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War forces Germany to chart a new future – and that’s not been easy

Germany, the European Union's political and economic center, is undergoing a deep transformation in the wake of Russia's war in Ukraine. It's a “Zeitenwende” – a sea change moment in the face of a bleak future.

(CN) — These are not easy times for Germany.

Following the shock of Russia's invasion of Ukraine, German society, economy and politics are going through a period of profound change and uncertainty as long-held assumptions are cast overboard and the country embarks on a new route toward rebuilding its military, turning its back on Russia and girding for a future defined not by global free trade but great power rivalry.

“It's been a period of soul-searching,” said Ed Turner, an expert on German politics at Aston University in Birmingham, England.

The changes taking place in Germany cannot be overstated: Perhaps more than any other European Union country, the war in Ukraine is affecting Europe's economic powerhouse the most.

Only three days after Russian President Vladimir Putin ordered the invasion of Ukraine on Feb. 24, 2022, German Chancellor Olaf Scholz went before the Bundestag, Germany's parliament, and delivered what is known as the “Zeitenwende speech,” named for a German word to describe a historic turning point.

“We are living through a watershed era,” Scholz said. “And that means that the world afterwards will no longer be the same as the world before.”

Germany's history was distilled at that moment. In his trademark mechanical voice, the new 64-year-old centrist Social Democrat, who'd identified as an anti-NATO Marxist in his youth, became the person to deliver the bad news: Germany's delusions about a future of inevitable peace, expanding liberalization and prosperity were over.

Standing in the starkly modern plenary chamber of the Reichstag, Scholz announced it was time for Germany to confront a more dangerous future and rebuild its military in order to “protect our freedom and our democracy.”

For a nation rebuilt from the ashes of its Nazi past, talk of mass rearmament had been unthinkable, a kind of taboo, for large segments of German society and the political class only three days before.

In the speech, Scholz pledged to spend 100 billion euros (about $106 billion) to restore Germany's long-neglected military, the Bundeswehr; and he vowed to nearly double Germany's annual military budget to meet a NATO target of spending 2% of Germany's $4 trillion gross domestic product on defense.

The speech broke another taboo: The chancellor said Germany would send weapons to Ukraine, a decision that swept aside a longstanding rule to not allow German-made arms to get shipped into a war zone where two nations were fighting each other.

“The issue at the heart of this is whether power is allowed to prevail over the law,” Scholz told the Bundestag. “Whether we permit Putin to turn back the clock to the 19th century and the age of the great powers. Or whether we have it in us to keep warmongers like Putin in check.”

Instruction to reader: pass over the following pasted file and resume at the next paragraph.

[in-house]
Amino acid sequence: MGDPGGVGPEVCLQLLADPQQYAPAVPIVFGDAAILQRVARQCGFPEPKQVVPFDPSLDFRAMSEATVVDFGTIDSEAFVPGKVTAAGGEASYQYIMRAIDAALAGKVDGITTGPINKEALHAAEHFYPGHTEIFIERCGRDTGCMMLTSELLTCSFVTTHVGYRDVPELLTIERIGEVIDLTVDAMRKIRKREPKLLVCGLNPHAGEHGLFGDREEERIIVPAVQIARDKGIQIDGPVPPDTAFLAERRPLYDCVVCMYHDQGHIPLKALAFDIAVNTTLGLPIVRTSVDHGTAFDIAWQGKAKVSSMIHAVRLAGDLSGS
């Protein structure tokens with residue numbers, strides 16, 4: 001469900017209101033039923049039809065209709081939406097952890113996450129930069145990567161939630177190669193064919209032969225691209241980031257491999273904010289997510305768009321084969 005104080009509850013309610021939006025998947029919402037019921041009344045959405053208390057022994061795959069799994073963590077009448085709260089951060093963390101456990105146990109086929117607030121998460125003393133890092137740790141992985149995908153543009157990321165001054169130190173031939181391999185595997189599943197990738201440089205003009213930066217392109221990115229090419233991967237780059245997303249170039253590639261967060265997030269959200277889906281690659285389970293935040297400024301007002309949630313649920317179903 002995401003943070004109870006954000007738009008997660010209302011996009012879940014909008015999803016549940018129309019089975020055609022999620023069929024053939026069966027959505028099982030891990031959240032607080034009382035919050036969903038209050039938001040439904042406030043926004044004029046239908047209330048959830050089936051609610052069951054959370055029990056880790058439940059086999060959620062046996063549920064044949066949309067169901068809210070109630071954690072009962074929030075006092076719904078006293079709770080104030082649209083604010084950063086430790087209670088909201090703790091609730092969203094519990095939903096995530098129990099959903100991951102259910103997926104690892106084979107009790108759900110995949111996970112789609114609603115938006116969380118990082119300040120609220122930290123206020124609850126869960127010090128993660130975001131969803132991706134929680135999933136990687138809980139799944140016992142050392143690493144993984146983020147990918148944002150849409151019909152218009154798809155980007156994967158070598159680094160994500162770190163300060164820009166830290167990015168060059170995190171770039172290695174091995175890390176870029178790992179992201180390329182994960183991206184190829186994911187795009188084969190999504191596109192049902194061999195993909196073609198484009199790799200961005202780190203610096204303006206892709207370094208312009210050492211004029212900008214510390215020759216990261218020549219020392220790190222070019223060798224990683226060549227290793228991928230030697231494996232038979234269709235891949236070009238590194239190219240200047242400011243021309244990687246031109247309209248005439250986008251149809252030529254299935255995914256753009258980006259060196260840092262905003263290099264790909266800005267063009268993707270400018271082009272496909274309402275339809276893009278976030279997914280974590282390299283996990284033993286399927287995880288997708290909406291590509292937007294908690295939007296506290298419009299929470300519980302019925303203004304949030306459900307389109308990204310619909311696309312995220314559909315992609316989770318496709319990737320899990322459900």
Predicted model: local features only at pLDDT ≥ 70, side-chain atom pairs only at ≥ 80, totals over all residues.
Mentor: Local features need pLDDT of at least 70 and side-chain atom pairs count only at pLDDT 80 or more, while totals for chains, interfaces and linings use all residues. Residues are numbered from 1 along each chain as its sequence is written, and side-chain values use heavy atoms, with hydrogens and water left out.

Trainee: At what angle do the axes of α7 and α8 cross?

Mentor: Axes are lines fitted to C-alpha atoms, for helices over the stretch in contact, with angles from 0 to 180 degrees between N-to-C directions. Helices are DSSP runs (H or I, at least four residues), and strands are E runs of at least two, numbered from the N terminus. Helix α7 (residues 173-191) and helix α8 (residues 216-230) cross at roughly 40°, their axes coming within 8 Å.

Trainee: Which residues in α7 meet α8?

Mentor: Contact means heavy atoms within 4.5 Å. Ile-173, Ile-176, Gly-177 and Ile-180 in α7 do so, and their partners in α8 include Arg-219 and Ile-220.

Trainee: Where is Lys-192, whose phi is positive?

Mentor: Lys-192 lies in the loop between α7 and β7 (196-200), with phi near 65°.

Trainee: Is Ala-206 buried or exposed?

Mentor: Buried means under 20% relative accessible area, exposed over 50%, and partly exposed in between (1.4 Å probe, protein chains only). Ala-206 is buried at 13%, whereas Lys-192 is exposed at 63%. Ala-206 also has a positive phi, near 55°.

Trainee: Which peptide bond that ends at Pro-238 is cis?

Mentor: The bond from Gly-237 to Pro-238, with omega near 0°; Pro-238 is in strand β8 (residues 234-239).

Fast forward a year and Germany has become the fourth biggest supplier of arms to Ukraine and it's taken an increasingly prominent role in the escalating war.

But getting to this point has been extremely fraught because sending German-made cannons and tanks into a war against Russian troops triggers a particularly sensitive historical memory for a country that killed millions of Russians during World War II. Before the Russian invasion, Germany was reluctant to even send combat helmets to Ukraine.

In the same speech, Scholz also promised to end Germany's reliance on Russian oil and gas and cut off trade with Moscow, a major market for German goods.

These were major shifts. Most of the Bundestag – except parliamentarians on the far left and far right – rose in applause at the end of his speech.

Before the war, Germany received about 55% of its natural gas from Russia and its impressive industrial and economic gains since reunification in 1991 were fueled in part by the flow of cheap Russian gas and oil and the emergence of new markets following the breakup of the communist bloc.


The Nord Stream natural gas pipelines connecting Russia to Germany across the Baltic Sea exemplified the country's appetite for Russian energy.

“It's not a secret: Germany has had quite intimate and extensive trade relations with Russia, especially in the gas sector,” said Jonas Driedger, an international security researcher at the Peace Research Institute Frankfurt, a German think tank.

For a half century before the outbreak of the Ukraine war, Germany had been wedded to “Ostpolitik,” an approach advocated by former Social Democratic Chancellor Willy Brandt who in 1969 called for rapprochement with communist East Germany and the Soviet Union. Many Germans feel this “eastern policy” helped bring about an end to the Cold War and the reunification of Germany.

“Ostpolitik is really important in German thinking,” Driedger said.

The premise was that trade would help an authoritarian Soviet system become more democratic. Germans use the pithy phrase “Wandel durch Handel,” or “change through trade,” as shorthand for this creed.